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Heart disease risk factors

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(Fox News) As we approach the beginning of 2016, it would seem prudent to consider some sage advice about the issue of heart disease that continues to be the leading cause of death for men and women in the United States leading to about 600.000 deaths every year (or 1 of every 4 deaths).  So, what are some of the issues related to heart disease risk factors that are amenable to change?

Several health conditions, your lifestyle, and your age and family history can increase your risk for heart disease. These are called risk factors. About half of all Americans (47 percent) have at least one of the three key risk factors for heart disease: high blood pressure, high cholesterol, and smoking.

High Blood Pressure

High blood pressure is a major risk factor for heart disease. It is a medical condition that occurs when the pressure of the blood in your arteries and other blood vessels is too high. The high pressure, if not controlled, can affect your heart and other major organs of your body, including your kidneys and brain.

High blood pressure is often called a “silent killer” because many people do not notice symptoms to signal high blood pressure. Lowering blood pressure by changes in lifestyle or by medication can reduce your risk for heart disease and heart attack.

High Cholesterol

Cholesterol  is a waxy, fat-like substance made by the liver or found in certain foods. Your liver makes enough for your body’s needs, but we often get more cholesterol from the foods we eat. If we take in more cholesterol than the body can use, the extra cholesterol can build up in the walls of the arteries, including those of the heart. This leads to narrowing of the arteries and can decrease the blood flow to the heart, brain, kidneys, and other parts of the body.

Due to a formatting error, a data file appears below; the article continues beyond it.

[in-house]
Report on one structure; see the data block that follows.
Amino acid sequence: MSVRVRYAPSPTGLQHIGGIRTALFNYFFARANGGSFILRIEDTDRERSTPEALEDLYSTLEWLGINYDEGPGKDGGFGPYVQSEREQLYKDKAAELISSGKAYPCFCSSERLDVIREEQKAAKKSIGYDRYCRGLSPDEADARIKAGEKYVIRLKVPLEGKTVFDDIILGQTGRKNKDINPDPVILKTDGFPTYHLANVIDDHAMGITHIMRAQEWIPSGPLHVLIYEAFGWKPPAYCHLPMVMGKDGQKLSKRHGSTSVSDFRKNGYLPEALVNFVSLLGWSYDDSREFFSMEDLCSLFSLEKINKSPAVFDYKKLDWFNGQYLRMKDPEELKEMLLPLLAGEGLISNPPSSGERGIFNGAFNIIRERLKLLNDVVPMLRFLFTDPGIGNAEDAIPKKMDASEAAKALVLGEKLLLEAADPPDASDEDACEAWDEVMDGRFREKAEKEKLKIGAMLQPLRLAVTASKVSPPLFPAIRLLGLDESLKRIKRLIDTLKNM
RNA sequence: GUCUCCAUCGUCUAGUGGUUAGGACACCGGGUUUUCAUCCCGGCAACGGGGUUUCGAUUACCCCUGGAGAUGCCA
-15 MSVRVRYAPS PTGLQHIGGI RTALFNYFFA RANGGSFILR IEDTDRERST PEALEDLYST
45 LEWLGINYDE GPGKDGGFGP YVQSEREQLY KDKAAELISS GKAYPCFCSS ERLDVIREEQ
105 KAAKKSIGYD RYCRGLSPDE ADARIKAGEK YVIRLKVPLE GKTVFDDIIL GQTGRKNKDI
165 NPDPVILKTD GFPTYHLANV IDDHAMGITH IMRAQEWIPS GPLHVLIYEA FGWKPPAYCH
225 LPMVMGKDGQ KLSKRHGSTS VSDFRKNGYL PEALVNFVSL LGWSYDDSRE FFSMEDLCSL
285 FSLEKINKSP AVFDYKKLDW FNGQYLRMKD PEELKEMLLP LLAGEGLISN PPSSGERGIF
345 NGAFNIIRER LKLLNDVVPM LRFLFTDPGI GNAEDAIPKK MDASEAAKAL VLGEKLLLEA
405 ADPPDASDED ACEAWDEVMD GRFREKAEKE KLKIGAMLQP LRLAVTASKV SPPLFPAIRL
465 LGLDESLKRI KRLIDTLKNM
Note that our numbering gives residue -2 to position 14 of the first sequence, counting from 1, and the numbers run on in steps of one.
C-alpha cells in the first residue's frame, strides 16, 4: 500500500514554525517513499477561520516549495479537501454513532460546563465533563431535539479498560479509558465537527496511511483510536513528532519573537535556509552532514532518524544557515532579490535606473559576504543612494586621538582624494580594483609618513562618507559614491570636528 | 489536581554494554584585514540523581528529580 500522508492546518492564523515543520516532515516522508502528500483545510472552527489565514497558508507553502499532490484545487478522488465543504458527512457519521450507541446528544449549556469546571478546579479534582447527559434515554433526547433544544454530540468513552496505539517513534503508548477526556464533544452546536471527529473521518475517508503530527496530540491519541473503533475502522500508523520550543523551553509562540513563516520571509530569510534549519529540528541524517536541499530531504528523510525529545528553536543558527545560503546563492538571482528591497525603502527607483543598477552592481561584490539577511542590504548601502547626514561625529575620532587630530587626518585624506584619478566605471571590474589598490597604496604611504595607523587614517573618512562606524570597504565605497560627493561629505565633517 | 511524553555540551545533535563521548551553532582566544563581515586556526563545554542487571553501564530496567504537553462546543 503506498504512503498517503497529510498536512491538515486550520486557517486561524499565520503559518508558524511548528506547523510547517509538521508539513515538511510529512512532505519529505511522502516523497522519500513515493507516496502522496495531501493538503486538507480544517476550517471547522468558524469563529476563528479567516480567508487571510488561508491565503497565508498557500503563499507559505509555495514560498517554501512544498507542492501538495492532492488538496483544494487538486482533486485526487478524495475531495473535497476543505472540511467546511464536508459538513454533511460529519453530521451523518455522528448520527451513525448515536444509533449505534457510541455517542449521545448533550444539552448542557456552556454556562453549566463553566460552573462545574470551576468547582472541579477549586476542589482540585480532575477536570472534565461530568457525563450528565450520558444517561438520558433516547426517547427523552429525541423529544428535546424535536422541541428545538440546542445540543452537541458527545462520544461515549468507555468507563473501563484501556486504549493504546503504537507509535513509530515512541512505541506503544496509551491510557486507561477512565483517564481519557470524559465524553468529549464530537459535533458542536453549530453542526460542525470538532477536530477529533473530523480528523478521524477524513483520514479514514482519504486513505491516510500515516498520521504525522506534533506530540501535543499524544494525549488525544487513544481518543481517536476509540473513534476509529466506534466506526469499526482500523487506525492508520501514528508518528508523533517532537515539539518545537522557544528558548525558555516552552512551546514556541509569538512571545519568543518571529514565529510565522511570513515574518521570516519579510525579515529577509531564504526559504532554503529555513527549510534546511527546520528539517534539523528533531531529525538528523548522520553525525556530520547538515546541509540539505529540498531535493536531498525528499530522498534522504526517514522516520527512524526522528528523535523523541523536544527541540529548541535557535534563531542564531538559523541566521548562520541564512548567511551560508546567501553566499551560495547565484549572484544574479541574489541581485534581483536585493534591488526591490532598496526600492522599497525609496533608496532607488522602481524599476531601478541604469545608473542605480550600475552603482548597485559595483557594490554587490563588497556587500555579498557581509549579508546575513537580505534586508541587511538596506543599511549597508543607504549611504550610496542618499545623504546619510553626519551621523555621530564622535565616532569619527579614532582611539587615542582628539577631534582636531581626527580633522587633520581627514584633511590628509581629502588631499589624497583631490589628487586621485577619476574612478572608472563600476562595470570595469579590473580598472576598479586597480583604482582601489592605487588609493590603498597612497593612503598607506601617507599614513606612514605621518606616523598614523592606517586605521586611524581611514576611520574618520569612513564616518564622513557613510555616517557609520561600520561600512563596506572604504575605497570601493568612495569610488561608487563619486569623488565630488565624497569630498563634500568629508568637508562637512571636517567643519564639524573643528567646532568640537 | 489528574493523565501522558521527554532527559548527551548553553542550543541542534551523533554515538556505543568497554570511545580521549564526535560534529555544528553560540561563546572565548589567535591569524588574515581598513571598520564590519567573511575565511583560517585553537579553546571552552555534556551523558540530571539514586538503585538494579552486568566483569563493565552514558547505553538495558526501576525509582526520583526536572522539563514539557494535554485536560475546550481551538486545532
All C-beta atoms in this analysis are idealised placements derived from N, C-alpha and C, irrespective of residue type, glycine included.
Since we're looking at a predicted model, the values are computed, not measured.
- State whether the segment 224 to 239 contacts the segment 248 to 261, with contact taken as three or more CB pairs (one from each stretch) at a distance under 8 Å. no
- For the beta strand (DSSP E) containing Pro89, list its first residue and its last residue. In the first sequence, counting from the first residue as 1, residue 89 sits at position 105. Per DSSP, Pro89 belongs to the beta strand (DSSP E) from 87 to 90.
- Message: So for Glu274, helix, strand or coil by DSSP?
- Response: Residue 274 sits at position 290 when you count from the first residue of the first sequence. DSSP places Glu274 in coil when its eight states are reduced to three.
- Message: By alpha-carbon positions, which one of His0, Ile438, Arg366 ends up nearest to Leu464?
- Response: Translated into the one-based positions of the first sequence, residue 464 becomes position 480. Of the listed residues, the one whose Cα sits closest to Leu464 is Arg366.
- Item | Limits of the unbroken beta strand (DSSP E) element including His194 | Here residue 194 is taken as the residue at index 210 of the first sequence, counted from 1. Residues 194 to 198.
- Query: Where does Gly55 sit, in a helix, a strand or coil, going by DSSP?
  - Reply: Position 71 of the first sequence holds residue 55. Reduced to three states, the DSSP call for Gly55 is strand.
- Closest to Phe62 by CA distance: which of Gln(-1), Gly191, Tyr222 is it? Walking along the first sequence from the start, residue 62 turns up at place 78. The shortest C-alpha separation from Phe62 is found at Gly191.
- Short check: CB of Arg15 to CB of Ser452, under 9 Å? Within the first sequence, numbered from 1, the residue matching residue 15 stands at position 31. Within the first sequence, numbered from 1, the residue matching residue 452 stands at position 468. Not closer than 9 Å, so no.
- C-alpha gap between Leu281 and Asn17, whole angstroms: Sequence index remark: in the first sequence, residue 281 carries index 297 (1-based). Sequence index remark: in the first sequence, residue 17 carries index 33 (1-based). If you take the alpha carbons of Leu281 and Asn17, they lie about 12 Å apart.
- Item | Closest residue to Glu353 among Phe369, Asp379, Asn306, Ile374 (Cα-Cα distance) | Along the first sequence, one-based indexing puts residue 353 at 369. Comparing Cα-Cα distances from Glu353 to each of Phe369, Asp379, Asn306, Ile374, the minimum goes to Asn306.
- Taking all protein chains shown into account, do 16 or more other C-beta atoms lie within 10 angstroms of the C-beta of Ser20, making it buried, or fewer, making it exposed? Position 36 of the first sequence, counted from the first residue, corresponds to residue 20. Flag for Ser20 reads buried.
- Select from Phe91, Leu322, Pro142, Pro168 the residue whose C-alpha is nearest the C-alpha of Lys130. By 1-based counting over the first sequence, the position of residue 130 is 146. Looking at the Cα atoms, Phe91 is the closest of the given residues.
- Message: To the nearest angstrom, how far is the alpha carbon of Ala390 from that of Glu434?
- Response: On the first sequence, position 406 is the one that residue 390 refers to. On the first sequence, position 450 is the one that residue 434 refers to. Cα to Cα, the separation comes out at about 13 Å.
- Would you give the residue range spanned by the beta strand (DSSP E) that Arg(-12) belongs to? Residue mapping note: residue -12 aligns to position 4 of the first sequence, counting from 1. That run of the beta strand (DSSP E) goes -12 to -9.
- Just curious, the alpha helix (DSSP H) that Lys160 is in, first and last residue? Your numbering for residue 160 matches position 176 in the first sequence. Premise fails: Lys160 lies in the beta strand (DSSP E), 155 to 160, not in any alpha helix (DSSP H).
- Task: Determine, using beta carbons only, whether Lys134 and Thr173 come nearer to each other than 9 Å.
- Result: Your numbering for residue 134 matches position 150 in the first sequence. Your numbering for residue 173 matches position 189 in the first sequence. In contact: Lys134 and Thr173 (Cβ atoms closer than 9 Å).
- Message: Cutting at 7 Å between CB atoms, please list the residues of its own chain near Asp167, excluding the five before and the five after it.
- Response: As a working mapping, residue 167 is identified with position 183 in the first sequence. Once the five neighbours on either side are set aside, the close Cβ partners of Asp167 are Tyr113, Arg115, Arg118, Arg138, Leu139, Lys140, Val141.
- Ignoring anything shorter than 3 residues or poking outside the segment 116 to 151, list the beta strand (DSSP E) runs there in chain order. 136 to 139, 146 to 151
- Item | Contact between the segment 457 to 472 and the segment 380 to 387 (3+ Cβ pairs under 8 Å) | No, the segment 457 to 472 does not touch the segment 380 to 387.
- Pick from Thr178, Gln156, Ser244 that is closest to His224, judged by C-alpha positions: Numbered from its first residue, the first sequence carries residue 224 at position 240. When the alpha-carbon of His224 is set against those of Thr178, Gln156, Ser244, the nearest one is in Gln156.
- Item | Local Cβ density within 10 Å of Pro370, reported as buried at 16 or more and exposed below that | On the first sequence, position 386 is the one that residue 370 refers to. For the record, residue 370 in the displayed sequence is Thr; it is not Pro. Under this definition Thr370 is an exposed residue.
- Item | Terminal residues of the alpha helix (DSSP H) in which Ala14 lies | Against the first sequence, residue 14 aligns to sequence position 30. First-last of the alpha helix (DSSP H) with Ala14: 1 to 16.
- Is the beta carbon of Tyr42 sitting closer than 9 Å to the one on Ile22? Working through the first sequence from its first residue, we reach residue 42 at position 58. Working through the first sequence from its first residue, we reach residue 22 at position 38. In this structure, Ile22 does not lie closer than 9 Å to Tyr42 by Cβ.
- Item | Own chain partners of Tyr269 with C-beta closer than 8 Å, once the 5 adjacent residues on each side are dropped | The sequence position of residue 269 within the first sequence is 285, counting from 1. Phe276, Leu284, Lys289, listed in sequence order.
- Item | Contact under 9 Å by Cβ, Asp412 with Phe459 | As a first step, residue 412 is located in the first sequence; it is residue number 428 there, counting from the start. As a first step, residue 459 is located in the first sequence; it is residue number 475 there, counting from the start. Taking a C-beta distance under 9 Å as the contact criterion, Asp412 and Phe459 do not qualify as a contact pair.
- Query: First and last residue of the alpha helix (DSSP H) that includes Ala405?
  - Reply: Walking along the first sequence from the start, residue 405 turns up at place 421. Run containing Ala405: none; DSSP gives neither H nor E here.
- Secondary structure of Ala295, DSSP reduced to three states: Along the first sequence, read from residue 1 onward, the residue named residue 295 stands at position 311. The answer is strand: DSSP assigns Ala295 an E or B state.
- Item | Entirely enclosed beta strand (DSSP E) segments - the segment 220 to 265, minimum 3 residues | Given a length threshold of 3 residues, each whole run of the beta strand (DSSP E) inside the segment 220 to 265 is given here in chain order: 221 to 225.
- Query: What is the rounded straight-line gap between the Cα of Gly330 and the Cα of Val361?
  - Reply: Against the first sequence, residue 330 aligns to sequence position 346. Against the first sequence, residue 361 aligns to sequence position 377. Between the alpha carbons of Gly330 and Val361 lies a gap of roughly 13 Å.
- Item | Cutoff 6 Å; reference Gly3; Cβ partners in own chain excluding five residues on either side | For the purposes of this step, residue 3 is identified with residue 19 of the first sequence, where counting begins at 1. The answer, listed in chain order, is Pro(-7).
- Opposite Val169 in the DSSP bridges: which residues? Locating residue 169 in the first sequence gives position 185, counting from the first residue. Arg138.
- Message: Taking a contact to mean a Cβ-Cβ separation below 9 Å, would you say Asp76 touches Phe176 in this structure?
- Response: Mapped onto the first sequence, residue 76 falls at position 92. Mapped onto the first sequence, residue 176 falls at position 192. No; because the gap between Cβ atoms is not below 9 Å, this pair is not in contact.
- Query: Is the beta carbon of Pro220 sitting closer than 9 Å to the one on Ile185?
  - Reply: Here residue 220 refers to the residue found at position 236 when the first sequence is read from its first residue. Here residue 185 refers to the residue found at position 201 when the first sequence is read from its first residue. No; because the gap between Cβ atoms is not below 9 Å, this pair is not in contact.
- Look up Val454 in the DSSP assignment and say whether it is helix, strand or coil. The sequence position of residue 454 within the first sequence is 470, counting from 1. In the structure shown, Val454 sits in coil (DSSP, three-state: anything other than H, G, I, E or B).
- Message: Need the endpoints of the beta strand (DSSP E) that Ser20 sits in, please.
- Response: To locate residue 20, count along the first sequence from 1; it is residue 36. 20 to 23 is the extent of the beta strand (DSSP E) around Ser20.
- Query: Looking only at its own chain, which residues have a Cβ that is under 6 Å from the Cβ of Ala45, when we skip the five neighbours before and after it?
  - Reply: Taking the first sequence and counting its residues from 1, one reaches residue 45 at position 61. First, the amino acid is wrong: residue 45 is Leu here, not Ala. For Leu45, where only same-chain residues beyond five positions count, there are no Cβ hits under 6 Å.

Some cholesterol is “good,” and some is “bad.” High cholesterol is the term used for high levels of low-density lipoprotein, or LDL, which are considered “bad” because they can lead to heart disease. A higher level of high-density lipoprotein cholesterol, or HDL, is considered “good” because it provides some protection against heart disease.

A blood test can detect the amount of cholesterol and triglycerides (a related kind of fat) in your blood.

Diabetes

Diabetes mellitus also increases the risk for heart disease. Your body needs glucose (sugar) for energy. Insulin is a hormone made in the pancreas that helps move glucose from the food you eat to your body’s cells. If you have diabetes, your body doesn’t make enough insulin, can’t use its own insulin as well as it should, or both.

Diabetes causes sugars to build up in the blood. The risk of death from heart disease for adults with diabetes is two to four times higher than adults who do not have diabetes.  You should check with your doctor on ways to manage diabetes (including a possible referral to a Registered Dietitian/Nutritionist, if indicated).  Check with your doctor about ways to control other risk factors.

More in-depth information on diabetes, cholesterol and high blood pressure can be accessed at the following links:

Diabetes:  http://www.cdc.gov/diabetes/index.htm

Cholesterol:   http://www.cdc.gov/cholesterol/index.htm

Cholesterol:   http://www.cdc.gov/cholesterol/index.htm

High blood pressure:   http://www.cdc.gov/bloodpressure/index.htm

 

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